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Michiteru Kitazaki, Isanobu Kurose; Postural sway from combined optical flow of radial and lateral motions. Journal of Vision 2003;3(9):548. doi: 10.1167/3.9.548.
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© ARVO (1962-2015); The Authors (2016-present)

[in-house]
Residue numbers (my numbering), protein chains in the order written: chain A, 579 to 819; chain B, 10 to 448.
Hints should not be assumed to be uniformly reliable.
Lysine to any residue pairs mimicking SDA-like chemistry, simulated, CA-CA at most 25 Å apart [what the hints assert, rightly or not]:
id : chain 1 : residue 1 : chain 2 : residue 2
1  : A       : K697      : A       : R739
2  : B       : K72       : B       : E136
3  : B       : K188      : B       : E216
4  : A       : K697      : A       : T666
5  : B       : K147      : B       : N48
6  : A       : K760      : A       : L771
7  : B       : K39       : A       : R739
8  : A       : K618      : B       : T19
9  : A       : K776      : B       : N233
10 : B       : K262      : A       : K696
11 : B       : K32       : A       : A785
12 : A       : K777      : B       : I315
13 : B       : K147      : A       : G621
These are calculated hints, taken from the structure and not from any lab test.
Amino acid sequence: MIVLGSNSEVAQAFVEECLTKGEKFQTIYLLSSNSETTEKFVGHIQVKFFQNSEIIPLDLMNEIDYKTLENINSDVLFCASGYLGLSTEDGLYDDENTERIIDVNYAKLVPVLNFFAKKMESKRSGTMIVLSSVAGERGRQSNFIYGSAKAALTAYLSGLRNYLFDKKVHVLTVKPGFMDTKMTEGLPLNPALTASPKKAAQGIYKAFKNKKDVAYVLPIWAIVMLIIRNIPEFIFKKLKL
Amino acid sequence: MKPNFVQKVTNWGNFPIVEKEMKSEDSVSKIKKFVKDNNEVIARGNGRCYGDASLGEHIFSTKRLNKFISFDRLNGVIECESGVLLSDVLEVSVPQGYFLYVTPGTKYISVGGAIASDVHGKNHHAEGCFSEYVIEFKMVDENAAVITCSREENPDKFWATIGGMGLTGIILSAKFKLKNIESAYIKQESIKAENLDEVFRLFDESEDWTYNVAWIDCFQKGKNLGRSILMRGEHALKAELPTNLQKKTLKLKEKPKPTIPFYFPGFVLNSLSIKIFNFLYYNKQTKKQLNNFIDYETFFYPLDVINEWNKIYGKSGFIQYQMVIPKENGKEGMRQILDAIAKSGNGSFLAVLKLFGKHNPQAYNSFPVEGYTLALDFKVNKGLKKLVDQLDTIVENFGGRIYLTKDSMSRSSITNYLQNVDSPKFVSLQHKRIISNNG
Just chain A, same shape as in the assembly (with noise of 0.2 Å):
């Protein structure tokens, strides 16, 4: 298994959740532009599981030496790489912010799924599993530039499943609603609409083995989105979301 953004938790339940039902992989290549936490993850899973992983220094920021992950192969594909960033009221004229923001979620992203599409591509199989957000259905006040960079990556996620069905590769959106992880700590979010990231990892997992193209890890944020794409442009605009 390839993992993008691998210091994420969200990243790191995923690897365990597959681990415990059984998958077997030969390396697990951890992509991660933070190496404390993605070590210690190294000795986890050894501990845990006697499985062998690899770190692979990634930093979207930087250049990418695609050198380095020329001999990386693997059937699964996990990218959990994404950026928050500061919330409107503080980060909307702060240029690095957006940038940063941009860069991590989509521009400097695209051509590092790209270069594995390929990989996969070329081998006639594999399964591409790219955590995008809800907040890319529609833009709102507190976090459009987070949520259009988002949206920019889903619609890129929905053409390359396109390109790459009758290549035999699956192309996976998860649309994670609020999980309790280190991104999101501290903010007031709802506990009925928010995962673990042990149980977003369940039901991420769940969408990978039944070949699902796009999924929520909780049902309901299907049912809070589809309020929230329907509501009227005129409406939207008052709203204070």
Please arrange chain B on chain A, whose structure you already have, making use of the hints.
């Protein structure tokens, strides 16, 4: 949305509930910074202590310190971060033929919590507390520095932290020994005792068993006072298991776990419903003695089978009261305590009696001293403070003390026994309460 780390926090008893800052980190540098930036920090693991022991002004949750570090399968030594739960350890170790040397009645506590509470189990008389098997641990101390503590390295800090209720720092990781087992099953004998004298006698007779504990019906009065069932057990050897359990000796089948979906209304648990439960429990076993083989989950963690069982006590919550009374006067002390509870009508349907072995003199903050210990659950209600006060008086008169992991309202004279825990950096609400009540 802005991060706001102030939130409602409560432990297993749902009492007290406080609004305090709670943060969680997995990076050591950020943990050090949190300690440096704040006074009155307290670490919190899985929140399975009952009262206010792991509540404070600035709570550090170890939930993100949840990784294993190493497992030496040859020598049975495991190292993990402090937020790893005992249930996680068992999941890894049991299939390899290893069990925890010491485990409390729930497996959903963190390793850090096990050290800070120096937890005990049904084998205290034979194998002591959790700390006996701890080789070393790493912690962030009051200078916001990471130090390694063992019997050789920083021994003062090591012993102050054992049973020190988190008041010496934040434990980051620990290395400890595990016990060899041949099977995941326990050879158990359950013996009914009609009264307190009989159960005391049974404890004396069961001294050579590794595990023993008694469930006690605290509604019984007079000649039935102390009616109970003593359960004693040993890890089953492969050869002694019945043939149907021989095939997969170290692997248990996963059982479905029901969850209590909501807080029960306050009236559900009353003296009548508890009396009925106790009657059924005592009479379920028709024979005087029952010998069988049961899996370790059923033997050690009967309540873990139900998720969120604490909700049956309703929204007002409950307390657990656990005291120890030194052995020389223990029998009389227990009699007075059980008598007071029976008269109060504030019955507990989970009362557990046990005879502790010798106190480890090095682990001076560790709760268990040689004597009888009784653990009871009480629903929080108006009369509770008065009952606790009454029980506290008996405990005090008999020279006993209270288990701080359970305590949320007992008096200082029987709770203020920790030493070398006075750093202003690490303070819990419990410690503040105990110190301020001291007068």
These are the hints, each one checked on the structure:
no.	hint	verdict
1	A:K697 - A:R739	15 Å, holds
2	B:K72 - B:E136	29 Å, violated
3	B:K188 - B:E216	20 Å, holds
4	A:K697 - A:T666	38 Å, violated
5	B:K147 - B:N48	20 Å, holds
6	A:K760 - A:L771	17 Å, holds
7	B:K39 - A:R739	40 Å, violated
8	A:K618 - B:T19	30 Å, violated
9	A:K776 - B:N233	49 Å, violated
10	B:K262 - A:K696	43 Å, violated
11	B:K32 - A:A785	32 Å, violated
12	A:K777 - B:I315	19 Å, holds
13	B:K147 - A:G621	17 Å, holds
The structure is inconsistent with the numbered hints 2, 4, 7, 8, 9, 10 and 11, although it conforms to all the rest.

When radial motion is presented, observers incline in the opposite direction to heading direction. For instance, when an optical flow simulates self-motion to left-front, observers inclines to right-back. It indicates a correlation of posture control and heading perception. To test if the visual control of posture is based on perceived heading, we employed a combined optical flow of radial and lateral motions as stimulus, because it elicits interesting illusion (eg Royden & Hildreth, 1996). When expanding motion is superimposed by lateral motion, heading is biased in the direction of lateral motion, though the averaged flow indicates focus-of-expansion shifting to the opposite direction. Thus, if the control of posture is based on perceived heading, observer should incline to the opposite direction to lateral motion. Observer's linear motion (104cm/s; forward /backward) going through 3-D cloud of dots was simulated, and projected on a screen (228×182cm [50x40deg], 4090dots visible). Superimposed lateral motion (9cm/s; leftward/rightward) was on front-parallel plane (182×182cm [40×40deg], 2000dots). We manipulated the depth of lateral motion with binocular disparity: far, near or same as the radial flow which was at zero disparity. Subjects observed stimuli at 260cm viewing distance. In Expt1, subjects just fixated eyes on a center marker. In Expt2, subjects were asked to pay attention to either radial or lateral motion while fixating eyes. Posture was measured by a force plate at 60Hz. Observers inclined in the direction of the same- and near-depth lateral motions in Expt1. When they paid attention to lateral motion, postural sway in the direction of lateral motion was enhanced and found in all depth conditions in Expt2. These results are inconsistent with the prediction based on heading perception, and suggest that the visual control of posture is processed in different way from heading perception, and utilizes averaged flow or individual motions in parallel.
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